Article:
Last night I finished reading Columbine, Dave Cullen’s play-by-play of the 1999 school shooting. It was the most compelling nonfiction book I have read since Andre Agassi’s memoir, Open. (Which was, flat-out, one of my favorite books ever. Props to ghostwriter J.R.Moehringer for near-poetic narrative skills and to Agassi for his introspection, clear memory and willingness to lay it all out there. Also for the storytelling masterstroke of having married Brooke Shields.)
In Columbine, Cullen does a really good job of shifting focus tight and wide and back again, of showing us the crime in progress upfront and then again, from different viewpoints. He is good with character studies, and while I question his frequent use of terms like “brewskis” and “chicks”—I would have to read the killers’ journals; did they really talk like that?—he writes well.
What lingered with me most were the flaws he laid out in two institutions: the press and the police. Law enforcement failed to connect dots before the crime, and covered up their faults afterward. Rules about shielding evidence allowed them to do so, and to what end? As for the press, which printed an awful lot that turned out to have been wrong: Does speed inherently conflict with truth? Is the need for a compelling narrative and a quick “why” so pressing that mistakes large and small are inevitable and tolerable? I hope not, on all counts. Perhaps it is a given that initial accounts of anything are faulty and it is only with time (ten years, in Cullen’s case) that the truth will reveal itself. Through luck and avoidance, I never covered breaking tragedies, so maybe this is just easy for me to say.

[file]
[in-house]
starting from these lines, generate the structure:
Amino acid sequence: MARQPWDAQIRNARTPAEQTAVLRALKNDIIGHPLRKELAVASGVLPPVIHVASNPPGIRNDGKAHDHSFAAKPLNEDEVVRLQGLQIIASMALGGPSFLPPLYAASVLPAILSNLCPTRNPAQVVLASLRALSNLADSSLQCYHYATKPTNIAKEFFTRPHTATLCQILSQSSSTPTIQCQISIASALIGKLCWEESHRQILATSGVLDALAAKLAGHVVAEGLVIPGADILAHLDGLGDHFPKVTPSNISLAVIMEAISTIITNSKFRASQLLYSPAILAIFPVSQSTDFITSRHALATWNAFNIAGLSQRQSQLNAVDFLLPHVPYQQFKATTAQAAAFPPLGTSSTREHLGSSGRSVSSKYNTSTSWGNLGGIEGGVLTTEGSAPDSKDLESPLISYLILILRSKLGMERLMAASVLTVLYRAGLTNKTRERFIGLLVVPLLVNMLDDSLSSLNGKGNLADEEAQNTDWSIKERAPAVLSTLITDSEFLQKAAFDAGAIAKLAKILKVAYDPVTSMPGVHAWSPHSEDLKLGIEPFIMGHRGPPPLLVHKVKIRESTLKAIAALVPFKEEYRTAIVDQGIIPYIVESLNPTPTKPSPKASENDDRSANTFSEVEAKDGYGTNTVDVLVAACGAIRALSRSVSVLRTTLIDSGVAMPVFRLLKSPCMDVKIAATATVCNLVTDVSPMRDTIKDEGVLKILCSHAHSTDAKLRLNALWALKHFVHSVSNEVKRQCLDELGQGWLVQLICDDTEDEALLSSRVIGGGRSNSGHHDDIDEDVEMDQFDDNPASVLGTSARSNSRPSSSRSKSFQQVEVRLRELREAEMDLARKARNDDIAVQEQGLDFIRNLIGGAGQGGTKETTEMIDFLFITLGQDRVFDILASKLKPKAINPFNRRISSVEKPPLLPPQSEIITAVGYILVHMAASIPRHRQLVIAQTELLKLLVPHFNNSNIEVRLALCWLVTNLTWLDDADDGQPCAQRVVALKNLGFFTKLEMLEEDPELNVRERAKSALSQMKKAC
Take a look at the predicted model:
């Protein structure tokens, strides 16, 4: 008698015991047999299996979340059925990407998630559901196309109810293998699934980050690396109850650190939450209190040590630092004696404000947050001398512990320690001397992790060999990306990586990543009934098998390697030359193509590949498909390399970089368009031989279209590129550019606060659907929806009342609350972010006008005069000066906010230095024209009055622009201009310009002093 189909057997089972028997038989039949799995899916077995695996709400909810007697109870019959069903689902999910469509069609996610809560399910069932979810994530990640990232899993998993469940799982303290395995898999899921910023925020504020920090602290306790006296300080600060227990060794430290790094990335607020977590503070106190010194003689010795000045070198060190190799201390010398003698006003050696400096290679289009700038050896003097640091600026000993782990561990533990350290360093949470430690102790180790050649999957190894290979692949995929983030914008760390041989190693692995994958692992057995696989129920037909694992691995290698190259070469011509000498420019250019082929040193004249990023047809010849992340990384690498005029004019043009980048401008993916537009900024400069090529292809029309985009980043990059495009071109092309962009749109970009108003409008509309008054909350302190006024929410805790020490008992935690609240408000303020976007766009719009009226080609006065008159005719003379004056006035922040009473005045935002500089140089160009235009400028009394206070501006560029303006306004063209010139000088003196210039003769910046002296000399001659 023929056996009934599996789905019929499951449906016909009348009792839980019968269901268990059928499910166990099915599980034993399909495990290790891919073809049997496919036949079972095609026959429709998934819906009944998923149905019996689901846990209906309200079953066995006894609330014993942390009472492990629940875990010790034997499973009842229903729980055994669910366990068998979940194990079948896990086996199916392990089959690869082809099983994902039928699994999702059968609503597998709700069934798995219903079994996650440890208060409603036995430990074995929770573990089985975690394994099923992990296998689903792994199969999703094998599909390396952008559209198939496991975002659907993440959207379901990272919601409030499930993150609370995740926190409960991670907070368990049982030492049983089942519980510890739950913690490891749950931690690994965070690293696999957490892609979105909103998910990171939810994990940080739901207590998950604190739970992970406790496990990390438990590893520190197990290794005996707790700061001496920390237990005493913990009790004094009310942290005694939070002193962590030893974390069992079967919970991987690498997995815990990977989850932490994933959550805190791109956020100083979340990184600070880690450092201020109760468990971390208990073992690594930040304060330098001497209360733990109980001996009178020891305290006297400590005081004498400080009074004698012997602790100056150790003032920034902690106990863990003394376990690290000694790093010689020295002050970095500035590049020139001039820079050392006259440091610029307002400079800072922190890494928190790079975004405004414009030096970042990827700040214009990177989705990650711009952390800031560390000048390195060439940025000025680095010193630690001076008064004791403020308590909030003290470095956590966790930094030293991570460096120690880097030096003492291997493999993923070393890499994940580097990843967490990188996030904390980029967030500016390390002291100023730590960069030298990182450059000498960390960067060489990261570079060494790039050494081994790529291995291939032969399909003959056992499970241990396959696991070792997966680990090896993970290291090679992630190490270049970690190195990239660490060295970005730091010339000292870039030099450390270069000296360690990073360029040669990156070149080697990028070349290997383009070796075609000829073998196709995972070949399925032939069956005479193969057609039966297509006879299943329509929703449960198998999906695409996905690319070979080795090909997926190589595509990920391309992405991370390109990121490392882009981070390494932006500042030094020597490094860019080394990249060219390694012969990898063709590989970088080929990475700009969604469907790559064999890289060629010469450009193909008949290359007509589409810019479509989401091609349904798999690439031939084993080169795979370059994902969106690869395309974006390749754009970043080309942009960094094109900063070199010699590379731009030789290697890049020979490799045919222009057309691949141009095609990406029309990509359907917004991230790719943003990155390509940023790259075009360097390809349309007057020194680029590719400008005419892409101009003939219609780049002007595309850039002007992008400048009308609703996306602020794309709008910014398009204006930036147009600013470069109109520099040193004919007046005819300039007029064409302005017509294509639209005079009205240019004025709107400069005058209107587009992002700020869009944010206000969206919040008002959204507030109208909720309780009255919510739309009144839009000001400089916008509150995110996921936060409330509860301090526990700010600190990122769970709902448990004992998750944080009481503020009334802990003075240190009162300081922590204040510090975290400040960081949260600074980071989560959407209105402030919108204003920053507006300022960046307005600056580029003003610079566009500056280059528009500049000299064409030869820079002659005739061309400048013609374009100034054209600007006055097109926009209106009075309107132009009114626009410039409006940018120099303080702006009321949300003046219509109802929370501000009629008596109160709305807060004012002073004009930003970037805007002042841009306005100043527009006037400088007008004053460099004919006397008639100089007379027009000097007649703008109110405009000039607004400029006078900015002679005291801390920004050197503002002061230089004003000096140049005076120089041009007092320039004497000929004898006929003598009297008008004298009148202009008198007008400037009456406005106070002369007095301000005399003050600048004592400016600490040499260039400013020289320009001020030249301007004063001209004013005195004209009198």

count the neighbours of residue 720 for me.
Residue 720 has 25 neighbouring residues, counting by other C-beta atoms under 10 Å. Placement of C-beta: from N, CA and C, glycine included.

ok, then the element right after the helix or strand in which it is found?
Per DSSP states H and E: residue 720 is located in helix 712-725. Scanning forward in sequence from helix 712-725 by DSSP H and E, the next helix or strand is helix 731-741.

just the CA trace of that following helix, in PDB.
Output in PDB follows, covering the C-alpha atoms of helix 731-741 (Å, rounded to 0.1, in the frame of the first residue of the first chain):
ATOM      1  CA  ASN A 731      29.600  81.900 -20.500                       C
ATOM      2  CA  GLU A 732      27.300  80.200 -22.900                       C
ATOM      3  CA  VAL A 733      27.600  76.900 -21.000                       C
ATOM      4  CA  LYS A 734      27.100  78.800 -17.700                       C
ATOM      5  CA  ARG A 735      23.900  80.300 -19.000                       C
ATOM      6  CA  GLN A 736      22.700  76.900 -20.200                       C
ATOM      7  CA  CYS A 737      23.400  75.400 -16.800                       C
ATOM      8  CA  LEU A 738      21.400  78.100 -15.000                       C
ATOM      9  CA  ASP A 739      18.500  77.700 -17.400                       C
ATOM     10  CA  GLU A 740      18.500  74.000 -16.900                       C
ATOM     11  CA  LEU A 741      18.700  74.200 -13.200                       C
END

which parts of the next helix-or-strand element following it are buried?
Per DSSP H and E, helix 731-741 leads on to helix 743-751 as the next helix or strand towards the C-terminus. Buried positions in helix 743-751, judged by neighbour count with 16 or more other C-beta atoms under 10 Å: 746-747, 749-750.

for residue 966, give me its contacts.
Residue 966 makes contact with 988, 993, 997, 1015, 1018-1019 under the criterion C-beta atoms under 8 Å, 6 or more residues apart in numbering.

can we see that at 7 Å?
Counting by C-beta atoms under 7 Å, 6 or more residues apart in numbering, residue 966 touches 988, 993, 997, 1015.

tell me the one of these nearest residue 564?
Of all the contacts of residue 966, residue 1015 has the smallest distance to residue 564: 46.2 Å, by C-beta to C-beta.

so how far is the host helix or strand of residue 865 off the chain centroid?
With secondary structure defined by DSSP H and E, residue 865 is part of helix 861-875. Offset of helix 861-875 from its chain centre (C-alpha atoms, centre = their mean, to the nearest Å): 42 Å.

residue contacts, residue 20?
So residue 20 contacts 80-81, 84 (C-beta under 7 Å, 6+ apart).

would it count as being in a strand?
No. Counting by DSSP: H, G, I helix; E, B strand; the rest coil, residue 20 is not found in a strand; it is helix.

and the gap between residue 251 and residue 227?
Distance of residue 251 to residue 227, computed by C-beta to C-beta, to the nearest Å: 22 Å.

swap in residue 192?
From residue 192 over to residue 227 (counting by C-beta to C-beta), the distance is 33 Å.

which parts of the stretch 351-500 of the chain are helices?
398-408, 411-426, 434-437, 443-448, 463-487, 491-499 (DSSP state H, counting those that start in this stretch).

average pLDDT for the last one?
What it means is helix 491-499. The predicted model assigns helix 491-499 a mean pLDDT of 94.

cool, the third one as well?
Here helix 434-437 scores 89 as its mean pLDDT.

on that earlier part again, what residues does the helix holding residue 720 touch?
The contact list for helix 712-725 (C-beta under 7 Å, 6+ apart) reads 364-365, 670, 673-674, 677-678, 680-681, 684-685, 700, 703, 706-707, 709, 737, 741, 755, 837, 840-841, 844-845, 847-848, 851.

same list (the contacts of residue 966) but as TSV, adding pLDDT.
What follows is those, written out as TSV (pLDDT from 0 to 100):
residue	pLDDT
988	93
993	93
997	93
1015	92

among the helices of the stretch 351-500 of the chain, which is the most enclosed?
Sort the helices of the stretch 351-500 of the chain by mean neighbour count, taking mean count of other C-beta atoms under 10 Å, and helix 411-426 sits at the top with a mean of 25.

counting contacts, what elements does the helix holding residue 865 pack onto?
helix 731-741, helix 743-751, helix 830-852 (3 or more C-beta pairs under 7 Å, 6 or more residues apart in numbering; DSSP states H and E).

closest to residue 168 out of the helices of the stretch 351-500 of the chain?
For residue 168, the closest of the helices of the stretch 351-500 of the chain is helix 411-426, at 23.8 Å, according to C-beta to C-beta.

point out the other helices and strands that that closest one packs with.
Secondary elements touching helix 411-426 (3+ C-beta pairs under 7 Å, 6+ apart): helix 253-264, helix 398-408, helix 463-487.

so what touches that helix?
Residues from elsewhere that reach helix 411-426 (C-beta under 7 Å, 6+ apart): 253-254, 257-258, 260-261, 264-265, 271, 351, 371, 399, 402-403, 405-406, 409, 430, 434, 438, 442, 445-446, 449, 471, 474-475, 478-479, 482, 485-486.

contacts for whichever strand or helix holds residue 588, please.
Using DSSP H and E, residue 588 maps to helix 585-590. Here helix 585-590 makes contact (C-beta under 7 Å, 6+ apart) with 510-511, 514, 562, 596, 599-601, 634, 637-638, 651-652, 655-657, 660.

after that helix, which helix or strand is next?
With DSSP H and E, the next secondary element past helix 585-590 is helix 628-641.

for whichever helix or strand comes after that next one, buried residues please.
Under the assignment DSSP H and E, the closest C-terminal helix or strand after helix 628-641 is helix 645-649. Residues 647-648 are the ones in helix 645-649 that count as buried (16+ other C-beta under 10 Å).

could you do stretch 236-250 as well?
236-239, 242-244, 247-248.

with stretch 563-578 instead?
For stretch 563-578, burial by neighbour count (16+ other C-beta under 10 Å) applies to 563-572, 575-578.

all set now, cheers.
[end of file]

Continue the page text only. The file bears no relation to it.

One thing is for sure: The shielding of so much evidence for so long allowed mistaken interpretations to endure. Obviously I am always biased in favor of more information instead of less. I do not understand why so much material was allowed to stay under wraps for so long; sensitivity to victims is invoked, but isn’t understanding the truth the most sensitive thing we can do for everyone?
By the way, it may have something to do with my detachment from religion, but I never really got the Cassie Bernall-as-martyr piece. The story—refuted by Cullen—asserted that the killer asked if she believed in God, she said yes, and he fired. That version implies that she was taking a risk by saying yes, courageously not giving the answer that would have spared her. How would she have known there was a “right” answer? How, for that matter, do we?